- The Class Hierarchy
- Creating a New Class
- Declaration and Instantiation
- Constructors and Destructors
- Garbage Collection
- Object Operators
- Adding and Overriding Methods
- Calling the Overridden Method
- Access Scope: Public, Private, Protected
- Setting Properties with Methods
- Default and Optional Parameters
- Declaring Variables Static and Const
- Revisiting the StringParser Module
- Example: Creating a Properties Class
- Data-Oriented Classes and Visual Basic Data Types
- Advanced Techniques
Now you have a class that implements one method, and you know how to instantiate that class. One of the most powerful features of object-oriented programming is that you organize your classes into conceptual hierarchies, just like you can organize buildings into a conceptual hierarchy. One class can subclass another and when it does this, it inherits the members of the class from which it does the inheriting.
Although you are no doubt familiar with the idea of inheritance, object-oriented inheritance works a little differently than genetic inheritance does. First of all, people have two parents. I'm a mix of my dad and my mom; 50% of my gene pool comes from mom and 50% from dad. (I've often said that I have the distinct pleasure of having inherited all of my parents' worst qualities. In a remarkable reversal of fortune, my daughter has managed to inherit only the finest traits from her parents, mostly from her mom). REALbasic takes a simpler view of inheritance. There's only one parent, which is the superclass. In REALbasic, at the top of the family tree is the root class; Object and all other classes are subclasses of it.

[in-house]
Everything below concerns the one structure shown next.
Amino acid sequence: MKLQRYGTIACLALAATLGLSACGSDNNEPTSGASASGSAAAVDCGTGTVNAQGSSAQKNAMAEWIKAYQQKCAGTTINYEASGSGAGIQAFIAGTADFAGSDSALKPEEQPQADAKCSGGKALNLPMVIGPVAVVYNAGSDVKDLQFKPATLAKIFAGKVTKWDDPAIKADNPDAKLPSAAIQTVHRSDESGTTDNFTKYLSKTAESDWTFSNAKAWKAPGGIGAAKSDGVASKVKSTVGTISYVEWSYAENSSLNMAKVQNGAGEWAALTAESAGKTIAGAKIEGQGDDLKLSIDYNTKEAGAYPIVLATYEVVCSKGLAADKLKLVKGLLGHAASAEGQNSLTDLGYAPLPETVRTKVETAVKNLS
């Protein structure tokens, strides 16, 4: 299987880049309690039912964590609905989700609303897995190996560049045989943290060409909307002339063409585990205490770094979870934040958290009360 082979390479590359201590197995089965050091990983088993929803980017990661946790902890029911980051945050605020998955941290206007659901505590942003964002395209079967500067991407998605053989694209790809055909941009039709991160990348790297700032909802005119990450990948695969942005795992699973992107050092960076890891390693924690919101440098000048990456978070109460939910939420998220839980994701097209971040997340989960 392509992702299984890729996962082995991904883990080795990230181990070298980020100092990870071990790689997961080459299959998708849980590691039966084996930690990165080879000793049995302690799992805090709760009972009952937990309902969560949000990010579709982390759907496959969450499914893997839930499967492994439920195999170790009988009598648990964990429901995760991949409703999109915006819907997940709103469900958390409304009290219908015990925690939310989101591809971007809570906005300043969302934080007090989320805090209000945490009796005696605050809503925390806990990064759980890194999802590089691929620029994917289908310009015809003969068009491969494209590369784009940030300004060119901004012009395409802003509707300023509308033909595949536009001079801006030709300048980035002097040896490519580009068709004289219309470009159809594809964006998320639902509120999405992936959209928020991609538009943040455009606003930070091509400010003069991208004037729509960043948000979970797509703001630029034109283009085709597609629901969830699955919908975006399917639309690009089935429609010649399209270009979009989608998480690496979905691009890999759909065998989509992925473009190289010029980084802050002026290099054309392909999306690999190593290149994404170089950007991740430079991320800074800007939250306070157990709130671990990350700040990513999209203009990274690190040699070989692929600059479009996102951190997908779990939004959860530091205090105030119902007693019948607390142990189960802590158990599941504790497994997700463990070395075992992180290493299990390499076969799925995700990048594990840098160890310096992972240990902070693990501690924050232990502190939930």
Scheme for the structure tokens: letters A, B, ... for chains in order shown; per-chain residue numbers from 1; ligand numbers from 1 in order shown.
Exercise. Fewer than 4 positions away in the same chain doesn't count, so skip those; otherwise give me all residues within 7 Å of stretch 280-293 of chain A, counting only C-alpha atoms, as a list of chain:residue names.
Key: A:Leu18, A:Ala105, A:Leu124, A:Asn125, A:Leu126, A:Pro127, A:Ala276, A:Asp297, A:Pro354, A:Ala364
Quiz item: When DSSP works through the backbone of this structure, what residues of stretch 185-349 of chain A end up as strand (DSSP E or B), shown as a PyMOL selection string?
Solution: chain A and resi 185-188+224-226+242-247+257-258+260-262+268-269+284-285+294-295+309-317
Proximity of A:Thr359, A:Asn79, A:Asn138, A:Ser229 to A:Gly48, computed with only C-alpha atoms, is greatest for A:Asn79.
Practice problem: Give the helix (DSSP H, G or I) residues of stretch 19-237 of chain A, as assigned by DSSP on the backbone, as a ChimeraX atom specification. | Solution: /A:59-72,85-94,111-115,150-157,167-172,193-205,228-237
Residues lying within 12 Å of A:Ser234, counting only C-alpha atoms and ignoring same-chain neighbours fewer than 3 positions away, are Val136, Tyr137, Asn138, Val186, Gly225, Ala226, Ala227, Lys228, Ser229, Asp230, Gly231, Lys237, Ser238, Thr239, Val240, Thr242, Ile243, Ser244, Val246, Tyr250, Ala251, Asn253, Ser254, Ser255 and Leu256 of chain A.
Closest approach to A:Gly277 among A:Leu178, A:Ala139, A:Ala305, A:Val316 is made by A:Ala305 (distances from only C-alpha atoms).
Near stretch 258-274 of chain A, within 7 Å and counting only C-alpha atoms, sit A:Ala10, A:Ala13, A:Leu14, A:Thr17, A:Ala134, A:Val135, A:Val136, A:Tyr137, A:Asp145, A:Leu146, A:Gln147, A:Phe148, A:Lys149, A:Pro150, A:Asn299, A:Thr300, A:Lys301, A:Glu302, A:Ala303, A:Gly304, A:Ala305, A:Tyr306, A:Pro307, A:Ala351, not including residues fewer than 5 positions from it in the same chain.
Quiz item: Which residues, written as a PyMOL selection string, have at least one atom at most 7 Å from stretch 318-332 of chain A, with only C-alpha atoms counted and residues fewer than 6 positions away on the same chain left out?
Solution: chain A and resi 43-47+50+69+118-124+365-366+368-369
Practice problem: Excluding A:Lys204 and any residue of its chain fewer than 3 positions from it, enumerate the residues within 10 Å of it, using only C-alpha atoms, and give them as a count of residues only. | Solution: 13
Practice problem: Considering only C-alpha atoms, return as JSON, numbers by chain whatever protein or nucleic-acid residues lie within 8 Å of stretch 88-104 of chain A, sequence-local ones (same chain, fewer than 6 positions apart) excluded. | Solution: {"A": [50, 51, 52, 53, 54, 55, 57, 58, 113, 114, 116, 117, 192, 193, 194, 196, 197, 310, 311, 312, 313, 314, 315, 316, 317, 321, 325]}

In the object-oriented world, the child is called a subclass and the parent is referred to as the superclass. When you create a subclass in REALbasic, it automatically inherits all the methods and properties of the parent class. There is absolutely no difference other than their name.
Creating a subclass that doesn't do anything differently from the superclass is more or less a pointless exercise. The reason for creating a subclass is that you want to reuse the code you've written for the superclass, and then either add new capabilities or change the way certain things are done.
A child inherits all the features of the parent, but it can also add some new ones. In practice, this means that the subclass has all the methods, constants, and properties of the parent class (with a few exceptions), but it can also implement its own methods, constants, and properties. In this respect, at least, object-oriented inheritance isn't all that much different from the way parent-child relationships work with humans. That's why I always had to set the time on the VCR when I was growing up. My parents didn't know how to do it, but I did. In addition to the methods passed along by the parent, the child can have its own set of methods.
To create a subclass of Alpha in REALbasic, create a class as if it is a new class. Let's name it Beta, which can be done by typing the name into the Properties pane. There are two other properties listed in the pane that we have not discussed yet. After Name comes Interfaces, which I cover later, followed by Super. Setting the value of Super is how you designate this object's superclass, as shown in Figure 3.5. Type in Alpha , and you now have an official subclass of Alpha. It is identical in every way, except that it's called Beta instead of Alpha.
Figure 3.5 Define an object's superclass in the Properties pane.
Dim a as Alpha Dim b as Alpha a = New Alpha("Woohoo!") b = New Beta("Woohoo!")
At this point, the only difference between a and b is their type (or class).